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Saturday, July 30, 2016

Friday Feature Book Review: "Lords of the Rim" by Sterling Seagrave スターリングシーグレーブ "宋家王朝" 中国の富と権力を支配した一族の物語

This is about "how to be a billionaire". It is a hybrid of Chinese history, business entrepreneurship, and financial market evolutions.  The focus is about how many Chinese adventurers left China, for lands far away, and built the most successful international business network that Asia has ever seen, if not the world. All three are things that I love, and this was reflected by the author as well. This is a densely packed book, full of deep drill down research covering thousands of years. There are no shortcuts here, just quality writing, professionally researched and well explained.

I have heard of only a few of these key Chinese figures like Sun Tzu, who created the Art of War. He is often considered the inspiration for Machiavelli's "The Prince". His famous 13 chapters are now basic reading for many Japanese executives within major Keiretsu groups like Mitsubishi. The discipline needed for business has come from war. In Japan, business is today's modern war. 

Also described is San Bao, the Chinese sailor who discovered Africa, Europe and even America in 1421, well before Christopher Columbus. He is considered the actual figure from which "Sinbad the Sailor" was modeled after. The world's seven seas have been sailed by the Chinese sailors for a long time. He took huge ships as long as modern football fields in massive groups. His flotilla of Vast Red Ships sailed to Africa, Australia, Europe and even North & South America! His trips were documented in stone tablets left in all of these locations that were later authenticated. 

There are limited gold deposits within India, but there is plenty of gold within India today. This is mainly because of a long history involving Chinese trade. This gold story is well explained, one of many that makes your head shake in amazement from the author's clear description of events. When many visitors see theater they notice the make of the actors and can see the direct influence that originally came from Chinese opera in classical Indian live performances today. Trades brings people and cultures together is many amazing ways.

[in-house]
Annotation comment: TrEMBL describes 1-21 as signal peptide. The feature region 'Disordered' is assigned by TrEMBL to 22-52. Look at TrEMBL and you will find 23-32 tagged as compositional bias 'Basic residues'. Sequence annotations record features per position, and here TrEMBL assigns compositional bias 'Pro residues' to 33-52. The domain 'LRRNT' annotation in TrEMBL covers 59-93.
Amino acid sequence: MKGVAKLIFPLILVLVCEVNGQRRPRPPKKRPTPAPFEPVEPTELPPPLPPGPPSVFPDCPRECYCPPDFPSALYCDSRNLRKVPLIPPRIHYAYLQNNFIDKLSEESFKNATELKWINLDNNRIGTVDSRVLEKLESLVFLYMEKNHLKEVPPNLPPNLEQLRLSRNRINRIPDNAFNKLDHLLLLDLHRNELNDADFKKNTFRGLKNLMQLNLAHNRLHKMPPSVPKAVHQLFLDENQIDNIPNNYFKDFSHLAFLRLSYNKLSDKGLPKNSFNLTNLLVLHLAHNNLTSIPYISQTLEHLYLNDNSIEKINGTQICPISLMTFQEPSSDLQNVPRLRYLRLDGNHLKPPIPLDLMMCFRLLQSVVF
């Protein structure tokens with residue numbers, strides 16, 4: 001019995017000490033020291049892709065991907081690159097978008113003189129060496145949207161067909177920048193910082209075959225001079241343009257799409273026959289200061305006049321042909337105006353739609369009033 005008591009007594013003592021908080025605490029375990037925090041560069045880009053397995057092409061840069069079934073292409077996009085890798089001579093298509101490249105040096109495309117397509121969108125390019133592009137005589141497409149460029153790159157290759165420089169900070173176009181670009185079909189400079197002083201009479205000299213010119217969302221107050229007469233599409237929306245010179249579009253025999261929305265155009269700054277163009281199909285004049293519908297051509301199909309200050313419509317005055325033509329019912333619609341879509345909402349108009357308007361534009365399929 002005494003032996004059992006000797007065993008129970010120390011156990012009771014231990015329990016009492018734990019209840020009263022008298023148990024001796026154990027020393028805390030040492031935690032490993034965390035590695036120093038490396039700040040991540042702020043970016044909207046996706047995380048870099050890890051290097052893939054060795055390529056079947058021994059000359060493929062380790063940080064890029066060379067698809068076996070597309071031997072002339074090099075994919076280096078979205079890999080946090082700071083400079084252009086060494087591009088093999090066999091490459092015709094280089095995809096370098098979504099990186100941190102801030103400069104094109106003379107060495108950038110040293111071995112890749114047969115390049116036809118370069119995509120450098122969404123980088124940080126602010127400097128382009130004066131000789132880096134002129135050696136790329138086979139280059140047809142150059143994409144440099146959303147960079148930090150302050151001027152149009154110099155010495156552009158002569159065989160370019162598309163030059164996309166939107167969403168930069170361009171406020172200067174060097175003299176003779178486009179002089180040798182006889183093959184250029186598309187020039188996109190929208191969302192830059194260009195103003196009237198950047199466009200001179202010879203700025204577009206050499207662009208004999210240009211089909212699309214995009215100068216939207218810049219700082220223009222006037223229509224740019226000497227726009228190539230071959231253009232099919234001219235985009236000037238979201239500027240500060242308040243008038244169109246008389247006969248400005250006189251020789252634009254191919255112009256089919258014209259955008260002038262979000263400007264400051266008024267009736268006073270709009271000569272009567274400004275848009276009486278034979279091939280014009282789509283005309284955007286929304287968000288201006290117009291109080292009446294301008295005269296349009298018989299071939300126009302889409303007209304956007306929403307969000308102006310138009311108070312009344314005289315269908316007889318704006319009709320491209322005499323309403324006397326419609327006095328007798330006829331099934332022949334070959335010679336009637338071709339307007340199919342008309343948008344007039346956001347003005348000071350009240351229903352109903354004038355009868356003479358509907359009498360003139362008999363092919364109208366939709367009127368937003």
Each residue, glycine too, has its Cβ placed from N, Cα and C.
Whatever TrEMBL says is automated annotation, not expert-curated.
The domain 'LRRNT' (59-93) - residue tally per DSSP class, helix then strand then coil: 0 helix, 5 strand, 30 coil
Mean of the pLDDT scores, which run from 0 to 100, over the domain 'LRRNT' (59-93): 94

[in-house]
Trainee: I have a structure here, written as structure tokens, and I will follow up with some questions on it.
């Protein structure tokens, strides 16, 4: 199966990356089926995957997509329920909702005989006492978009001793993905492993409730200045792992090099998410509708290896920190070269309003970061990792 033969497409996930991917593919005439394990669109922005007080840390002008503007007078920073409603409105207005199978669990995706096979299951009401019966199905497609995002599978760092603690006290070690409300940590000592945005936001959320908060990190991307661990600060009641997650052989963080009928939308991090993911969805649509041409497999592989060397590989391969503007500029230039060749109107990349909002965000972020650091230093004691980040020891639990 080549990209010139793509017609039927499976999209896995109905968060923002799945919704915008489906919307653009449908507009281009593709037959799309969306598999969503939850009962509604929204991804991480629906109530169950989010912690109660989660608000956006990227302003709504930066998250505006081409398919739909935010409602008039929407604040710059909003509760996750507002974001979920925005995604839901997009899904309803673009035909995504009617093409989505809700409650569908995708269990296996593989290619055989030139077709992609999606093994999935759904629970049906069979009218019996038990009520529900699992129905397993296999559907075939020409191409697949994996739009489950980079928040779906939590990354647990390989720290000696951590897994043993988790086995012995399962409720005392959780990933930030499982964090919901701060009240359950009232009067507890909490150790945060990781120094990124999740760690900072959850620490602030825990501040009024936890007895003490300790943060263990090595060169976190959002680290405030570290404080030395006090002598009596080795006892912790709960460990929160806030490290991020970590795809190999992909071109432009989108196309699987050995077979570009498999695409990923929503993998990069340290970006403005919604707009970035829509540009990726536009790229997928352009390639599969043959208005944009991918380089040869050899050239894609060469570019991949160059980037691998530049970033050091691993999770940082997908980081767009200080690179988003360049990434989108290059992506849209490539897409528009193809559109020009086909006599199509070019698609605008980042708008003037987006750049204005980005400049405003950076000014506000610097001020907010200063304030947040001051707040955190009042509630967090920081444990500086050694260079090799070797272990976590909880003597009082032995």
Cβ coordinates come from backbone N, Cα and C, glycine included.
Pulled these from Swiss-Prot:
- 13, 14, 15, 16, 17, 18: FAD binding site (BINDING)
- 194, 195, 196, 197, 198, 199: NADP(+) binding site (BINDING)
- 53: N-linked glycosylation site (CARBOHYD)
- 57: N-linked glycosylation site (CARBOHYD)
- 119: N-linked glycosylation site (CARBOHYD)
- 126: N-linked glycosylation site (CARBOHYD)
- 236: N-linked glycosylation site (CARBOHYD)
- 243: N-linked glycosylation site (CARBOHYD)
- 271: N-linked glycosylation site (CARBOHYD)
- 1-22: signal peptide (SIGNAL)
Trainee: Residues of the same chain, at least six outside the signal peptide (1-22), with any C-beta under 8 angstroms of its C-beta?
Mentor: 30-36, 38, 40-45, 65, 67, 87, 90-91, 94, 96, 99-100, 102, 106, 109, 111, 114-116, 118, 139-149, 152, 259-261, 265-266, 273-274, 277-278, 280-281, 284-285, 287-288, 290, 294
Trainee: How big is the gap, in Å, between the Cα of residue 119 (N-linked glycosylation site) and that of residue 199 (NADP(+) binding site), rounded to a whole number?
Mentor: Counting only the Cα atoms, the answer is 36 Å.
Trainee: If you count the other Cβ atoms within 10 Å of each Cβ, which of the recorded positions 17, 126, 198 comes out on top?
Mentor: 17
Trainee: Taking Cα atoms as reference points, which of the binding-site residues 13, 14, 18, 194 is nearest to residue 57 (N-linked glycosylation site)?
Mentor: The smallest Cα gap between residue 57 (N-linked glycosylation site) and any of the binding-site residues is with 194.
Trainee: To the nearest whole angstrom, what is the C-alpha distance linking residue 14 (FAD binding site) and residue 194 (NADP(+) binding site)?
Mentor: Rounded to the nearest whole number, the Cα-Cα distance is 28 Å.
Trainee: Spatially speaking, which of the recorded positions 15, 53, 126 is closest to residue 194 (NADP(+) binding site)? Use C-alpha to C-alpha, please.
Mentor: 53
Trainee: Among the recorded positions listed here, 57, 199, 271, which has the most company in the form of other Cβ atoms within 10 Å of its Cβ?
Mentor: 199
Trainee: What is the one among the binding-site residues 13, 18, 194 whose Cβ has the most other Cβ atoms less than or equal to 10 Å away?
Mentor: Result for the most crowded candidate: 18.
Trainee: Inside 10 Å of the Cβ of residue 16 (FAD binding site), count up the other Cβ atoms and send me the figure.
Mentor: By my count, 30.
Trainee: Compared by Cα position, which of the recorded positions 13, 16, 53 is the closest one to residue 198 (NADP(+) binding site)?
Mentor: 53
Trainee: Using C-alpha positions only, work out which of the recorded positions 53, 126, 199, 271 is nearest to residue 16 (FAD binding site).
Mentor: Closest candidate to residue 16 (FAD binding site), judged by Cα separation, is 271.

Sterling Seagraves, knows his subject well, perhaps too well. Some of the pages almost seem like text books crammed full of information you feel almost guilty about not fully absorbing right away. His ability to bring a complex observation and explain it so simply is a real skill. I did not know how Chinese dialects came about as so different to the ear, yet similar in a written form. His ability to explain this and connect it to the creation of the "Great Wall" was fascinating. 

I did not understand the kind of hometown connections that connect certain kinds of Overseas Chinese dominated businesses had. I did not know how politics compliment them, in one market after another, no matter what the country or region. So much, from this master storyteller was well explained. The most recent 60+ years since Mao, had less of an impact, as it was subject matter that was more modern and familiar. 


The Top 3 Takeaways from this book that really impact any reader are:

1) There is a very long history in China and the rest of Asia that has no comparison in Europe.

2) Business in Asia has been at the core of shipping and trade for much of the region that is connected by water.

3) Just like Europe, food and culture across Asia has widely spread all over and continued in the business attitudes used today.


No matter what level of Chinese history you may know or understand, this book will upgrade you. The traditions of Overseas Chinese and the businesses that they built are complex and very successful. It is not a smooth history, one full of challenges, and this book explains them well. You wish the book continued despite its more than 400+ pages. Very much worth a read, a nice pleasurable long one. Highly Recommended!

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